Toronto 2008 | <i><b>Rachel Getting Married</i></b>

by twhalliii
September 8, 2008 3:59 AM
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“If others have their will, Anne hath a way…”—James Joyce, Ulysses

With Rachel Getting Married, about as finely tuned and naturalistic as a scripted fiction can possibly aspire to be, Jonathan Demme has reinvented himself all over again. It is clear that his work in documentary film these past few years has had a profound impact on Demme’s storytelling technique; using a hand-held camera and digital video inserts to tell the story of two sisters struggling to make peace with one another ahead of the titular nuptials, Demme has forsaken the traditional poetic formalism of films like Beloved, Philadelphia, The Truth About Charlie and The Silence Of The Lambs in favor of an urgency and intimacy that can only spring from loosening up the entire process. Make no mistake, though; this is not your Dogme 95 brand of hand-held pyrotechnics. Intricately choreographed shots, never slipping focus, always using perfect exposure; each shot in Rachel Getting Married makes perfect use of its narrative moment to deliver a precisely calibrated emotion.

The film tells the story of Kym (Anne Hathaway, who gives a terrific and complicated performance), a recovering drug addict who leaves rehab for a weekend at her parent’s home where the family is gathering for her sister Rachel’s (Rosemarie DeWitt) wedding. As Rachel and her fiancée Sidney (TV On The Radio’s Tunde Adebimpe) continue their preparations for the impending ceremony, the family’s unresolved issues come boiling to the surface; Rachel has spent so many years dealing with Kym’s addiction that she is in no mood to participate in Kym’s recovery on the weekend of her own wedding. But recover she must, and on her own terms, so the smart-assed Kym spends most of her time talking about her feelings and trying to articulate her deep desire for forgiveness. In the film’s great, bravura scene (and one that I think is earning all of those unjustified comparisons to Thomas Vinterberg’s The Celebration), the bride and groom’s family gather for the rehearsal dinner and spend the evening making speeches around the communal table. When Kym uses the moment to talk about her experience in rehab and ask for her sister’s forgiveness, things take a turn for the worse. When Demme finally reveals the tragedy at the heart of the family’s suffering (in my favorite shot of the movie, an unflinching close-up of Hathaway that is emotionally perfect—I expect this performance to be mentioned during awards season), it reframes what has come before, turning us toward Kym’s suffering in a single shot.

http://www.tiff08.ca/images/films/rachelgettingmarried.jpg
Jonathan Demme's Rachel Getting Married

Not everything is perfect. There is an unresolved tension in this film; Demme’s loose, documentary style sometimes feels in conflict with Jenny Lumet’s well-written script because the cinematic naturalism of the moments cannot support the sense that everything has been perfectly structured to deliver maximum melodramatic impact. In addition, the oft-cited “Altmanesque” nature of the film, characterized solely, I think, in the use of a roving band of wedding musicians and wedding guests who actively populate the background of the film and provide real-time music (which, to my mind, seems more like something out of Emir Kusterica's Underground), can sometimes feel extraneous to the film’s central conflict. This is the story of four people, a family, and isn't really the sort of freewheeling ensemble piece that Robert Altman might make. It is, though, a film that wears Altman’s influence side-by-side with Demme’s documentary work, with the naturalism of so many hand-held movies shot on video, with the many great wedding films of recent years (the sisterly conflict of Margot At The Wedding, the rainy Indian influence of Moonsoon Wedding, the family melodrama of After The Wedding). Demme combines them all to make something fresh and alive, breathing new life into the melodrama by allowing his performers to have the run of the place.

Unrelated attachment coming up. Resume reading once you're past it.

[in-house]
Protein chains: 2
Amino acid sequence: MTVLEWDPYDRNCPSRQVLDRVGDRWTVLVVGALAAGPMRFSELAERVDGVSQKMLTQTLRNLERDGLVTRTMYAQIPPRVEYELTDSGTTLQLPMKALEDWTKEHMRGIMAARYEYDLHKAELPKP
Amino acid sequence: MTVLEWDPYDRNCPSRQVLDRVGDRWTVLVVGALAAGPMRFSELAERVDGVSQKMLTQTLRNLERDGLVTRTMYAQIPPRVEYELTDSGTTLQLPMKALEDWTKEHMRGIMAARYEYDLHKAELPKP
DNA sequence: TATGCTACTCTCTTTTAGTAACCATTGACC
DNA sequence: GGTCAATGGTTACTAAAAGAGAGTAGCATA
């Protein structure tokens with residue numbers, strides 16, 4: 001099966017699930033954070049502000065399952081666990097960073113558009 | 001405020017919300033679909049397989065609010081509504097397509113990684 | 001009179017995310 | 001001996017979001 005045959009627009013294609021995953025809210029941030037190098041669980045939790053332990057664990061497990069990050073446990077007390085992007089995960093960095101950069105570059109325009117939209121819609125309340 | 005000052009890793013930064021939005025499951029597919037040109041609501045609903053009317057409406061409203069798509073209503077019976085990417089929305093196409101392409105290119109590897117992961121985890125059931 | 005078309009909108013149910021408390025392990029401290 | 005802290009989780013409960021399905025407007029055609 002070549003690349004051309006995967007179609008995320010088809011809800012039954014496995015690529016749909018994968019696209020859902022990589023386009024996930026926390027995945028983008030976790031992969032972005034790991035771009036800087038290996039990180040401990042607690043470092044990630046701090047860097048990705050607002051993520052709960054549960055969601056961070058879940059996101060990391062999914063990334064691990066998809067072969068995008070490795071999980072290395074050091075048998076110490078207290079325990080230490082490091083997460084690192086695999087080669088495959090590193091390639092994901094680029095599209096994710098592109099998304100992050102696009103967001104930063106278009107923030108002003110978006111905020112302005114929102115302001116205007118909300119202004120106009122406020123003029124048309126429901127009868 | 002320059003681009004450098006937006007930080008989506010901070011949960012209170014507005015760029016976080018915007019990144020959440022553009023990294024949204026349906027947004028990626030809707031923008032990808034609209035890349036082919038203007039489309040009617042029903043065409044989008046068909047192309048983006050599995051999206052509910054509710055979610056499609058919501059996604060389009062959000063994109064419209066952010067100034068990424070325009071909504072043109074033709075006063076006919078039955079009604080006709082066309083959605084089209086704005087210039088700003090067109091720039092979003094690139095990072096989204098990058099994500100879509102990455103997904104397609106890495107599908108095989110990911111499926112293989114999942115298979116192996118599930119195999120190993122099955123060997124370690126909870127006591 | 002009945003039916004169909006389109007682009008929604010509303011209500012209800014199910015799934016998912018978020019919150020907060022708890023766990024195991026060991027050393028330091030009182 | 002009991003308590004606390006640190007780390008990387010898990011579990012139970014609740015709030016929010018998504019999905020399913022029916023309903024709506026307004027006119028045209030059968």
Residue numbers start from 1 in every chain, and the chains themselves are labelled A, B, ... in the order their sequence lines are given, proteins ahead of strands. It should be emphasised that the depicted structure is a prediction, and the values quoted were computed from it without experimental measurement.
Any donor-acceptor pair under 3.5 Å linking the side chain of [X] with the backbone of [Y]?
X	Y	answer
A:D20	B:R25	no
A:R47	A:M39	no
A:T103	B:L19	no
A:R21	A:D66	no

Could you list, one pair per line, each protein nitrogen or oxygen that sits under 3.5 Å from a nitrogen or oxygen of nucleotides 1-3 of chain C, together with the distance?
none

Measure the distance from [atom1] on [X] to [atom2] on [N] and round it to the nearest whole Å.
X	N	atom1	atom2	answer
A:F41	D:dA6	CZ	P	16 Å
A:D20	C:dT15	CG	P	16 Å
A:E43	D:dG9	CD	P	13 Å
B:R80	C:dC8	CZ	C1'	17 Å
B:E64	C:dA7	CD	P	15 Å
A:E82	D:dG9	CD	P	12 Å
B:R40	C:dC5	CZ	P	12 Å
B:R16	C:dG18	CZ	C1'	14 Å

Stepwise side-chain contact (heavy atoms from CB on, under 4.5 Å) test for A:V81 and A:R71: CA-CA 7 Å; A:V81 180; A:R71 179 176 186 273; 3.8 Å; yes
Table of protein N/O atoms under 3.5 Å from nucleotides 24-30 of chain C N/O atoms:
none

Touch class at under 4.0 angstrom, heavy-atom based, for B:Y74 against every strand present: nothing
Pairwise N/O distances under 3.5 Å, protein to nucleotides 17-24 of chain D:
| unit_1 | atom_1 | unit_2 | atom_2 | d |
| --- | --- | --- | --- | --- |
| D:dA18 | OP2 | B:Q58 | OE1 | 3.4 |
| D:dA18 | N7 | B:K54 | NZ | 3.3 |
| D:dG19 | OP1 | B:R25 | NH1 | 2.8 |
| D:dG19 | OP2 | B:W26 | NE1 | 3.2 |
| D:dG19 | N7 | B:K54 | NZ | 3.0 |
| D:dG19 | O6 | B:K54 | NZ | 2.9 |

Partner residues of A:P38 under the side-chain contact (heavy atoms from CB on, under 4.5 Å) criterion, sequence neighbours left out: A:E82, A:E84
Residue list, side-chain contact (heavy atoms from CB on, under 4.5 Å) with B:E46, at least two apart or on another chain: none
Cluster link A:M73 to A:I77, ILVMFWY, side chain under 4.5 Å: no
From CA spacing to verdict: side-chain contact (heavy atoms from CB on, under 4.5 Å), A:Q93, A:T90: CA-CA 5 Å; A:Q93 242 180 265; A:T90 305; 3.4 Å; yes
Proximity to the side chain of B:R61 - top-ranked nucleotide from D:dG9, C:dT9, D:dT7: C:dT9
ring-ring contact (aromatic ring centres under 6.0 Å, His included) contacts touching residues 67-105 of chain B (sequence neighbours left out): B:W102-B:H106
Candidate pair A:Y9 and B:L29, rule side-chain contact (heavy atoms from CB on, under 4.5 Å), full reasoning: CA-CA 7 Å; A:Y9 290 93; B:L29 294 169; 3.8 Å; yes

Everyone delivers in surprising ways. This is one of the best acted films I have seen in some time, but while you never once doubt that you're seeing a family struggle, you also can’t help but feel Demme’s hand as the ringmaster of this circus, the man whose process and creative choices allowed the cast to knock this material out of the park. As an aside, I have to confess that I had no expectations for this film en route to the festival, but word of mouth piqued my interested and I ponied up $41.50 for a single ticket to see the film today at the vast, historic Elgin Theater. That price reflects the fact that the film was a Gala Presentation, but at the public screening this morning, no talent was in attendance and there was nothing “gala” about it. I personally could care less, but for a public festival like Toronto to charge $40 plus dollars for a film ticket, to cal it a Gala, put it in a 2,000 seat theater and then simply show the movie without benefit of talent present, well, I can see why the natives are starting to get a little restless. Regardless of festival politics, I can say that the film was worth it for me. Not so much a discovery but a happy surprise; a rare opportunity to see an artist thriving by re-imagining himself right before my eyes.

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